User-centred design is an iterative set of steps which focus on involving the users in the design process, development and testing of our software (i.e. our Software Development Lifecycle).
A key concern in UCD is constantly re-evaluating the context of use. This helps us to specify (using e.g. UML) requirements which, in turn, help inform our designs.
Because our conceptual understanding of how a system works is, in general, lacking, UCD provides a process to try and remove biases during system design an development.
Ultimately, we want to produce better systems. We achieve that by taking into consideration feedback from our stakeholders. As we incorporate this feedback, the resulting product tends to better fit our users’ requirements.
We also want our designs to fit the widest possible demographic. This is referred to as Universal Design.
The result of all this effort also has tangible socio-technical benefits. Through an iterative design process we get:
7.02 User Friendliness – a false metric
User-friendliness is not a universal, measurable metric. Its meaning changes depending on context.
Our systems will, hopefully, be used by hundreds of different users from different backgrounds. How can we design a system that’s friendly to this myriad of different users? In short, we can’t.
We can say that user-friendliness is a false metric, considering that there’s no universal truth for what user-friendliness means. What is friendly to one person could be unfriendly to another.
This is one reason why we can find so many options of SW doing roughly the same thing (IDEs, Operating Systems, Text Editor, etc).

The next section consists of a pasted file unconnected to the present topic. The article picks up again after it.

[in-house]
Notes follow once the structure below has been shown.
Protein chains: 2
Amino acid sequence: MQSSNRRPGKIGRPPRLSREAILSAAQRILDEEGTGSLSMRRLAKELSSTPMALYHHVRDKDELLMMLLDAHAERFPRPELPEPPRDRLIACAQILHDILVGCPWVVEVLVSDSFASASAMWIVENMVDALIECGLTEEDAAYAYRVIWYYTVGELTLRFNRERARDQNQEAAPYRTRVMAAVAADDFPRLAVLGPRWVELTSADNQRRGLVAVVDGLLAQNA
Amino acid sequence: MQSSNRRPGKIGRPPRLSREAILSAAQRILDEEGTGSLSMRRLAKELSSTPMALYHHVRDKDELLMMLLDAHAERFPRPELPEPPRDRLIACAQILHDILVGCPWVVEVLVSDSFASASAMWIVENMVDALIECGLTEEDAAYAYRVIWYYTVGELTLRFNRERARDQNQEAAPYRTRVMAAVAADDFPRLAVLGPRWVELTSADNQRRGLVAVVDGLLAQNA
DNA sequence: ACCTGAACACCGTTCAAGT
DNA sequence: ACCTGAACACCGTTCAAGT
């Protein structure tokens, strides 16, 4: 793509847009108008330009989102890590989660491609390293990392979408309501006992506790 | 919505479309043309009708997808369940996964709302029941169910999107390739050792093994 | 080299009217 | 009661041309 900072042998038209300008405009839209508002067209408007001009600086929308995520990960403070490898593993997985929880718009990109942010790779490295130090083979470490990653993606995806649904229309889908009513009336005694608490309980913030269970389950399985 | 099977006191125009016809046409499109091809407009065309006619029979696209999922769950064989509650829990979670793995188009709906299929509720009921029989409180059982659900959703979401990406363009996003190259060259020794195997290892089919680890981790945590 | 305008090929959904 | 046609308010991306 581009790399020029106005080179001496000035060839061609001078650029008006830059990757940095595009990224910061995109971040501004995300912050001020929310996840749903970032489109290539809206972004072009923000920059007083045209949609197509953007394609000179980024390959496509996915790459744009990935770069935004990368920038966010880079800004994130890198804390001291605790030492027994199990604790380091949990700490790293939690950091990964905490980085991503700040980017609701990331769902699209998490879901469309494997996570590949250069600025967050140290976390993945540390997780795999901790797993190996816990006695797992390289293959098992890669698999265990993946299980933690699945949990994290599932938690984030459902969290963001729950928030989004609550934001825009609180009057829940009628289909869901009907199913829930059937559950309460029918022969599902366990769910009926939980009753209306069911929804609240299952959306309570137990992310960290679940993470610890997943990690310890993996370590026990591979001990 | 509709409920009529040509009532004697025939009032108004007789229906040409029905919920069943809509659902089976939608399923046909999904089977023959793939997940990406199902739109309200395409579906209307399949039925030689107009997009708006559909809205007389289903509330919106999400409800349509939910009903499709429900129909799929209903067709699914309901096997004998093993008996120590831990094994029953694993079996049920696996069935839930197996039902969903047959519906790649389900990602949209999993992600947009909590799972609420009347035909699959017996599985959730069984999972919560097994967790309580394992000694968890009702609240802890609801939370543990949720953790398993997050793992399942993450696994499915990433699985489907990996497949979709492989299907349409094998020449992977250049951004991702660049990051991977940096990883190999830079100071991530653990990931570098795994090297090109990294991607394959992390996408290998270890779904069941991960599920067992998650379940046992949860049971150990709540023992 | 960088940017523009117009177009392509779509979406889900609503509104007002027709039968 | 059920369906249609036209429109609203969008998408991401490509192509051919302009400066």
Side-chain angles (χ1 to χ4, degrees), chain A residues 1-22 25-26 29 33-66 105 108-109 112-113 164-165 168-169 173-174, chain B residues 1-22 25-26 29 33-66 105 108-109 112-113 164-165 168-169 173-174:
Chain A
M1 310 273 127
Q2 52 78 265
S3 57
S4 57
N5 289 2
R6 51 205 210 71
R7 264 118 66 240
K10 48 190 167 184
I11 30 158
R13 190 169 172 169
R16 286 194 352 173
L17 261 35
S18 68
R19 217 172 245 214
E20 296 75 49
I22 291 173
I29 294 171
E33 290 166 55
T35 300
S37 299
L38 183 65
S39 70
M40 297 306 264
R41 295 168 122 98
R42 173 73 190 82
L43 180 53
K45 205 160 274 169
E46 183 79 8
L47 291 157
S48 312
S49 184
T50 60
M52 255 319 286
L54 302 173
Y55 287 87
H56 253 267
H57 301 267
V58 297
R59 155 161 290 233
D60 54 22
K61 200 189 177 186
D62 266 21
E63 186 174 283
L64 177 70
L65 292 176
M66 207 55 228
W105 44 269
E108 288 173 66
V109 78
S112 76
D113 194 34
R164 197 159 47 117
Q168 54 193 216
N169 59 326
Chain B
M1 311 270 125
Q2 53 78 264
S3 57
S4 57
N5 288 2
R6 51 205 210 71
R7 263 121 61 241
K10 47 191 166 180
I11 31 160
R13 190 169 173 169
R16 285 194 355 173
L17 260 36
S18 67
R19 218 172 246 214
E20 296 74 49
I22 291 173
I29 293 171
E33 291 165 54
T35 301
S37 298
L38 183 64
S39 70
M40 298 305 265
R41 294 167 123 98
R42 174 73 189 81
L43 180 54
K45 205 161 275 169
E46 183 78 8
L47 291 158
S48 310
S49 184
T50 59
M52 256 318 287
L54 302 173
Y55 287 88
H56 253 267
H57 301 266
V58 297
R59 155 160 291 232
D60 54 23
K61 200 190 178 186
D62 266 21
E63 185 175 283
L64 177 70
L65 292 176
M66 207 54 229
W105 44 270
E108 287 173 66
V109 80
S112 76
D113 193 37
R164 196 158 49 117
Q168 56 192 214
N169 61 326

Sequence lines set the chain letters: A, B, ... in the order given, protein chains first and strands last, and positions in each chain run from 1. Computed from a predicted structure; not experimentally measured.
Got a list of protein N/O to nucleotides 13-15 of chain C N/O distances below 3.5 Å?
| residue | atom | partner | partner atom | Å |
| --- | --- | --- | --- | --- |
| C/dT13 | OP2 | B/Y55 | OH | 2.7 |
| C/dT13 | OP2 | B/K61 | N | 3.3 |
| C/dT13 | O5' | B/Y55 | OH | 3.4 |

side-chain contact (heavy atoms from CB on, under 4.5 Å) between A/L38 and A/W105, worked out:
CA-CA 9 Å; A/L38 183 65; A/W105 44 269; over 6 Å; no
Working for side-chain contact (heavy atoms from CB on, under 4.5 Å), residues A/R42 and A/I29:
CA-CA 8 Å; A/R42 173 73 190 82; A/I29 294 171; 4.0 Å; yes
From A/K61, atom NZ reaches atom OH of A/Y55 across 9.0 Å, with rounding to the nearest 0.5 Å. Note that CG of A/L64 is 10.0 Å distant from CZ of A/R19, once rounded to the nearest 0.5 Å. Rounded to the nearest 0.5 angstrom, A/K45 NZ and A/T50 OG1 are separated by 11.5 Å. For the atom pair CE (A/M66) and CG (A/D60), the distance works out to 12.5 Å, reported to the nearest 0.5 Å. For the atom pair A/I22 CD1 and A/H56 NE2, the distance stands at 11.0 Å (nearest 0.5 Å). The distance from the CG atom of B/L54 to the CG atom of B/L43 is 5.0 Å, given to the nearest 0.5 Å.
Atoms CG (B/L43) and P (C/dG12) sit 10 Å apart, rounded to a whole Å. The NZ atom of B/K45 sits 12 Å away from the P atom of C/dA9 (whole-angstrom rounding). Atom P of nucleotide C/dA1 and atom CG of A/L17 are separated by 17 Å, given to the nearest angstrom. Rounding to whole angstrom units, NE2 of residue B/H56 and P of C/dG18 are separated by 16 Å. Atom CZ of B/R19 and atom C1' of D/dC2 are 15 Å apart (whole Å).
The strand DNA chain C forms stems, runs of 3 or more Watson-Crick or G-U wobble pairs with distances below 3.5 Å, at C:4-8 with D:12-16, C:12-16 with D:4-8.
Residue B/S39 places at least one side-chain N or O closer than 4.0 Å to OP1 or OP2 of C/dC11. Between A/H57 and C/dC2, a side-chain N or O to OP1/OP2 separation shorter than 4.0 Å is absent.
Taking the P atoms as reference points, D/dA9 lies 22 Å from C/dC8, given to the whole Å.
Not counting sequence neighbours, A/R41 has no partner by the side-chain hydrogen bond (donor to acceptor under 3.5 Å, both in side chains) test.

Instead of looking at user-friendliness, we should aim at understanding Usability. Here, our primary concerns are:
Usability grew from the work on pioneers such as Jakob Nielsen, Donald Norman and Ben Shneiderman. The real revolution, however, came about with the increase in usage of systems.
Along the way a series of innovations paved the way for big paradigm shifts. For example, the early Xerox Alto and Windows operating systems gave us a Graphical User Interface (GUI) operating system while affordable broadband internet largely increased the number of internet users. More recently the original iPhone revolutionized the mobile phone market and MOOCs have changed the way education is delivered.
7.03 Test early, test often, iterate
Testing is important in all Software Engineering. When we talk about Iterative User Testing, we might think of a test as way to verify that our system behaves as specified. eg if I turn the key in my car, I expect the engine to start.
We can combine our testing methodology with our usability definition. For example, from an effectiveness and efficiency point of view, we can collect metrics on whether a user completed a specific task and how long did it take:
User satisfaction testing is a bit more subjective. We probably want to collect more qualitative data regarding user satisfaction. We could watch people using our system to identify interaction patterns, or try to look out for hesitation which might indicate a design problem without it being reported as such.
Sometimes, observational data and metrics may paint a different pictures, we have to resolve these sorts of problems as well.
In order to frame our use cases, we may want to create Personas. They are an amalgamation of data that can help us think about what a typical user might look like. It should help us targeting users from a particular demographic.